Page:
Q&A: Ramak Bamzar – Empowering Change Through Photography
Ramak Bamzar (born. 1980) is an Iranian-born visual artist and fine art photographer based in Naarm (Melbourne), Australia. Her work explores how cultural and religious norms can shape women's beliefs, values, and behaviours and influence their sense of self-worth and agency.
What was it like growing up in Iran?
Growing up in Iran right after the Islamic Republic revolution of 1979, my experience can best be described as a perpetual struggle against tension, control, and gender inequality. I state this without any exaggeration. Yet, I was fortunate to be raised in a family that didn't enforce any of these restrictions.
This stark contrast led to numerous unanswered questions from my early childhood. Outside the safety of our home, we had to wear a mask, metaphorically and literally, to conformed to the Islamic ideology, as failing to do so could have serious consequences.
For the uninitiated, give us a glimpse of women’s rights in Iran, and what is going on in the women’s rights movement there.
With the establishment of the Islamic Republic restrictive laws and conservative interpretations of Islamic principles stifled women's rights. The compulsory hijab, requiring women to cover their hair and dress modestly in public, is a visible symbol of these restrictions.
Women's rights in Iran are characterised by legal restrictions and societal expectations rooted in conservative interpretations of Islam. Despite these challenges, Iranian women continue to engage in activism and advocacy, striving for greater equality and the elimination of discriminatory laws and practices.
Their efforts have not only inspired change within Iran but have also drawn international attention to the ongoing struggle for women's rights in the country.
How can we use photography to help change public opinion?
Visual storytelling, often accomplished through a series of photographs, can provide a powerful and nuanced perspective on a subject. It can reach viewers across cultural divides, encouraging them to delve deeper into an issue.
Photographs can capture the raw and emotional aspects of a subject, making it easier for viewers to connect with the subject matter on a human level. Emotional images can inspire empathy and compassion, driving individuals to take action or rethink their perspectives.
Can you describe your photographic practice and techniques?
Currently, my work revolves around creating staged photographs, although I approach it less like a traditional photographer and more like a painter. I aim to construct tableaus and visual vignettes that are rich in narrative and emotion.
In my artistic process, I have a deep appreciation for compositions, colours and textiles, as I consider them essential components to a tuly meaningful image – I believe that they play a crucial role in eliciting specific emotions and triggering memories within the viewer.
Whether I'm documenting social issues or capturing a portrait, my goal is to create images that resonate with viewers and spark conversations.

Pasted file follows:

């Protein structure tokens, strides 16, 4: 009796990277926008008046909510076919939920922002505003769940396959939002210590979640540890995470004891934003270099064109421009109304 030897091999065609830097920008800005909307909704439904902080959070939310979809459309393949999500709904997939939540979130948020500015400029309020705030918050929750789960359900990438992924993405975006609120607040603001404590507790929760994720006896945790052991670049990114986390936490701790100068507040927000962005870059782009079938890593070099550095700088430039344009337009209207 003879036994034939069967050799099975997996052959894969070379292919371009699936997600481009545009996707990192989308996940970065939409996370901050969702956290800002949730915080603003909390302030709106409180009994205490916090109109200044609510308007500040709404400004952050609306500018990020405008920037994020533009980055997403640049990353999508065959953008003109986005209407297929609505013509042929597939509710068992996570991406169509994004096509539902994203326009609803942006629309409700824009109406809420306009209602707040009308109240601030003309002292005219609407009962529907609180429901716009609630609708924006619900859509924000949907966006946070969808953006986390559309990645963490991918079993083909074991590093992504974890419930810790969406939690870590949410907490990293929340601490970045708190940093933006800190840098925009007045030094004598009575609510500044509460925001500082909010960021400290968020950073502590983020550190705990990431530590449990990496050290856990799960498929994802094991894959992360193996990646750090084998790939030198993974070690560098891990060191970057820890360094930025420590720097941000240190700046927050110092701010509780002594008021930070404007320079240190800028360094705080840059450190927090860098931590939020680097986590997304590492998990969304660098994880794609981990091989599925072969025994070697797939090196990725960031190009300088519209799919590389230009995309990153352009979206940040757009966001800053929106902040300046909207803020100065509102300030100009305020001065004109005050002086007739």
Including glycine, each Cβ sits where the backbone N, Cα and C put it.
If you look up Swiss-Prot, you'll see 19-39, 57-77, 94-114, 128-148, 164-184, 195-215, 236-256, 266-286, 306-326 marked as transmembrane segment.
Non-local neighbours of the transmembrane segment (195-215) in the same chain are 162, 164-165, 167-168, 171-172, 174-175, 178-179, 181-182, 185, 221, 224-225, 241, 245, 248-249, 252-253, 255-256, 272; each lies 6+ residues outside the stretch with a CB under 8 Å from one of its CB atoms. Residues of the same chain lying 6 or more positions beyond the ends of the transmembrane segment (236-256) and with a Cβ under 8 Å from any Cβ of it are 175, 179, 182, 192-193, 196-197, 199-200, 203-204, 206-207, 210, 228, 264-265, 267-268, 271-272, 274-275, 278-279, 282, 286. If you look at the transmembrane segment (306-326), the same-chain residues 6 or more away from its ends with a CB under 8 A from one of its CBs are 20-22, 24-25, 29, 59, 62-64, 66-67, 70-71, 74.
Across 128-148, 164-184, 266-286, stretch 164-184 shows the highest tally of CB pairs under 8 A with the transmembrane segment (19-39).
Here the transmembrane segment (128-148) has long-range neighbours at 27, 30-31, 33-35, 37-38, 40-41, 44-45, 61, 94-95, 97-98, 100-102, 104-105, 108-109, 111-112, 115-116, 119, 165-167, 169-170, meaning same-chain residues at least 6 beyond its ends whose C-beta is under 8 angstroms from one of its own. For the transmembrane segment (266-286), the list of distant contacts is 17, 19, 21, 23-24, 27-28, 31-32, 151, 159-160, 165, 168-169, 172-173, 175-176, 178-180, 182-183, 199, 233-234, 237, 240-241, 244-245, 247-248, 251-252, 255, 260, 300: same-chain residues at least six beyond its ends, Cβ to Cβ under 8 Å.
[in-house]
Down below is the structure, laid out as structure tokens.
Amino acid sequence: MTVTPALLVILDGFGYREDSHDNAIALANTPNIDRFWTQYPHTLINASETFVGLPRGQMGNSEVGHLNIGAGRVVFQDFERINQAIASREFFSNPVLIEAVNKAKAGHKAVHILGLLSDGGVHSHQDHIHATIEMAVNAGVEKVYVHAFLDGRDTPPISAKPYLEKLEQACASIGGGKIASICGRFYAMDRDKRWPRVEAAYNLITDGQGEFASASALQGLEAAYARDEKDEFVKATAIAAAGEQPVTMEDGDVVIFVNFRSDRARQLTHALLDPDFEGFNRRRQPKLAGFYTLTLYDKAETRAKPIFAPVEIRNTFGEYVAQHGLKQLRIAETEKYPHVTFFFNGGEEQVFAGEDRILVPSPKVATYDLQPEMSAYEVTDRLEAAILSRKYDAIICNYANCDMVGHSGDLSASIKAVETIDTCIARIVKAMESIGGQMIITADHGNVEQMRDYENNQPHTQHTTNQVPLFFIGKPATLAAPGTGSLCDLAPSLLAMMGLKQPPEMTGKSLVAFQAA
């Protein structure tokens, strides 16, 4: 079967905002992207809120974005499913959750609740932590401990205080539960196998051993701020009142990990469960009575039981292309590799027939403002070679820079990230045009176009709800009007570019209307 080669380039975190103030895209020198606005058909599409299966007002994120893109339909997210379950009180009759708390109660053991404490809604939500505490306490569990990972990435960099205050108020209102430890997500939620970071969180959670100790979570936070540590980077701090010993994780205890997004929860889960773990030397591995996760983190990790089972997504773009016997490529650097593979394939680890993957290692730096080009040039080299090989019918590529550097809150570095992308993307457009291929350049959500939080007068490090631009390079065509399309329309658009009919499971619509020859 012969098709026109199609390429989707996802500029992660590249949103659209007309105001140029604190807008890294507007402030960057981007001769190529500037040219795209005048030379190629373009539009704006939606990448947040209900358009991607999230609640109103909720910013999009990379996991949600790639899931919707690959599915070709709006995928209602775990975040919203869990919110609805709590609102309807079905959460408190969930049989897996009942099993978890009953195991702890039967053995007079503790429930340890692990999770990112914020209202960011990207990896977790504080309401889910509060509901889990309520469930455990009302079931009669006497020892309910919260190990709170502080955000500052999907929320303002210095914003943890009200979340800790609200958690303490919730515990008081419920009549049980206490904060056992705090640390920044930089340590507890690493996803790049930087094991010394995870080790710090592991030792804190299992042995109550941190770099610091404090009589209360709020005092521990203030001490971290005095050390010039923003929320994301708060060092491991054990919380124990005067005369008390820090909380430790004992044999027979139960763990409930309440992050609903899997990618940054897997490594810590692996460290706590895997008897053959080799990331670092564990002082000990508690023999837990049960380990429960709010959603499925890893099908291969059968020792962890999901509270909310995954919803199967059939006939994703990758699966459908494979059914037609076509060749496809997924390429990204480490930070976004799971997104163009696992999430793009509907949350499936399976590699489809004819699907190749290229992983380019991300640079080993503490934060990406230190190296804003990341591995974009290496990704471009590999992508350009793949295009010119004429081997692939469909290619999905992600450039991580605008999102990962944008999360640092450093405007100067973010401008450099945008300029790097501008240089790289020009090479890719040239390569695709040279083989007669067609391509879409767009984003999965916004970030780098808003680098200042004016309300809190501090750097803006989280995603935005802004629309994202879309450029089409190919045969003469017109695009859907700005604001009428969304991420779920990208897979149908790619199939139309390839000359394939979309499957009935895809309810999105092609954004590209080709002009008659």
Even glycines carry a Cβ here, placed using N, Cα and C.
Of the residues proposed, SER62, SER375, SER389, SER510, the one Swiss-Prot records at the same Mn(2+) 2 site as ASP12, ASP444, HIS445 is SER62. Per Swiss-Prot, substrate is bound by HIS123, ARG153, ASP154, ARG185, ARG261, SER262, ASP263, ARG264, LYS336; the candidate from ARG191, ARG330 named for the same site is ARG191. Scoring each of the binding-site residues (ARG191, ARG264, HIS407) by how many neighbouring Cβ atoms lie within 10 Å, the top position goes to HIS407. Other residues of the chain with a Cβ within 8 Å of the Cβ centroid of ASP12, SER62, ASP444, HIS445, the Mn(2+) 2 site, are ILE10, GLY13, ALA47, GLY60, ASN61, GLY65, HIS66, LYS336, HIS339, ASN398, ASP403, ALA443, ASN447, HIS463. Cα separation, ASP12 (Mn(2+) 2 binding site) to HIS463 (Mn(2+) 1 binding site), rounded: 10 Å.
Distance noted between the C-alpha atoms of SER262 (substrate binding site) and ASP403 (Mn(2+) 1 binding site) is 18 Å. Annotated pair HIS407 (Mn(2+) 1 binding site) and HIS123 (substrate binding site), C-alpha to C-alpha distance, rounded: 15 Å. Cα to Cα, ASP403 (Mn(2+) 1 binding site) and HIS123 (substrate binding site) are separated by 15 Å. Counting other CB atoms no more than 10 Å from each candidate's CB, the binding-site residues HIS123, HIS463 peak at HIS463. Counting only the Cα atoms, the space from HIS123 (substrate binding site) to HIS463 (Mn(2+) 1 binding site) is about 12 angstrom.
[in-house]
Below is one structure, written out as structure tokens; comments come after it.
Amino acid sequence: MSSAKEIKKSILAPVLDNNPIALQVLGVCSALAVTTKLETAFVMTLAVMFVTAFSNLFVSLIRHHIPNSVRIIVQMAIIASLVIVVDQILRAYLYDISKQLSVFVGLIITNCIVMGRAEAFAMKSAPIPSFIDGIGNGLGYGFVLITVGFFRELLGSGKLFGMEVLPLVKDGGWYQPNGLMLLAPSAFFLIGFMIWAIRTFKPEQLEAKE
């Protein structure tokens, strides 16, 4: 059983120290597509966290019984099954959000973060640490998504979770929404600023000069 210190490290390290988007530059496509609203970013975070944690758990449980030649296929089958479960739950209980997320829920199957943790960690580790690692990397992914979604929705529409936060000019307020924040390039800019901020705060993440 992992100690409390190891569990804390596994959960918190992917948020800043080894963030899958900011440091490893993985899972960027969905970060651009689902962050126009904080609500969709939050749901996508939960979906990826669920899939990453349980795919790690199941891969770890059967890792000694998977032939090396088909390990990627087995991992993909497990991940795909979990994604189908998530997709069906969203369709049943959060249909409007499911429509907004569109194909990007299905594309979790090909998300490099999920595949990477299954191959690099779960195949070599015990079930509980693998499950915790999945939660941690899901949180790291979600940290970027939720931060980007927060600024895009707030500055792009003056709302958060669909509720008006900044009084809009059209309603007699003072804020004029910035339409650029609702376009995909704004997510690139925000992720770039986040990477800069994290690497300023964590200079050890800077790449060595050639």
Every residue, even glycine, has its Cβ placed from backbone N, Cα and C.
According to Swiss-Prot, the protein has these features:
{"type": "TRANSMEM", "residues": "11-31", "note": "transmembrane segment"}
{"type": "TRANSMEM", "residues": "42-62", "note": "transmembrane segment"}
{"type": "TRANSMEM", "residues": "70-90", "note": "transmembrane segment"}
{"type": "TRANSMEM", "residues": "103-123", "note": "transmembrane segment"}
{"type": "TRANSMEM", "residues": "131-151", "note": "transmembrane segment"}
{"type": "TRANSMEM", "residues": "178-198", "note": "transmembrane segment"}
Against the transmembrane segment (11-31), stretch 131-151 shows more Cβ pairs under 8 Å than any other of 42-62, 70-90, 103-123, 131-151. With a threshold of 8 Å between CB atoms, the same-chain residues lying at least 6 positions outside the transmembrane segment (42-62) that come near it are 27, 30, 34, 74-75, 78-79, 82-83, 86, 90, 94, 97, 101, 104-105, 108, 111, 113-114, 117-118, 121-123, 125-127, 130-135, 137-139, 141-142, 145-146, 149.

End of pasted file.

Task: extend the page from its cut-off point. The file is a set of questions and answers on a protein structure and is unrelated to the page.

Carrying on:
Ultimately, my photographic practice is a journey of discovery, storytelling, and connection, driven by a passion for the visual art of photography and its ability to communicate the richness of the human experience.
Tell us about Moustachioed Women and Rhinoplastic Girls and your latest work – Pro Femina.
In Moustachioed Women and Rhinoplastic Girls I delve into the ever-shifting perceptions of women's body image across various historical, cultural, and religious contexts.
Within this body of work, some women are portrayed in the modern act of undergoing rhinoplasty procedures, while others depict the 19th-century practice of cultivating facial hair to conform to the beauty standards of that era.
By juxtaposing these vastly different beauty rituals, I aim to uncover common threads that reveal a subtle but pervasive aspect of women's bodies and beauty: its capricious and changeable nature, juxtaposed with its enduring influence over women's lives.
The central theme in Pro Femina revolves around the plight of women's bodies and Iranian women, who are presently subjected to cruel and inhumane treatment.
These images draw inspiration from real-life stories, offering poignant recreations that bear witness to the pain and tragedy endured by Iranian women. The story of control, ownership and violation of women's bodies, which started with Moustachioed Women and Rhinoplastic Girls continues in a new way within Pro femina.
Currently, "Pro Femina" is being exhibited alongside "Moustachioed Women and Rhinoplastic Girls" as part of the Ballarat International Foto Biennale (BIFB) at the Art Gallery of Ballarat, running until November 5th.
What are your upcoming projects?
There are so many projects I’m excited about! Currently, I'm focused on completing the remaining images for "Pro Femina." I'm also creating a series of workshops for emerging artists and photographers, which I’m really looking forward to running. Back early next year I’ll be kickstarting a project exploring fashion in Iran after the 1979 Islamic Revolution.
You can see more of Ramak's photography on her website.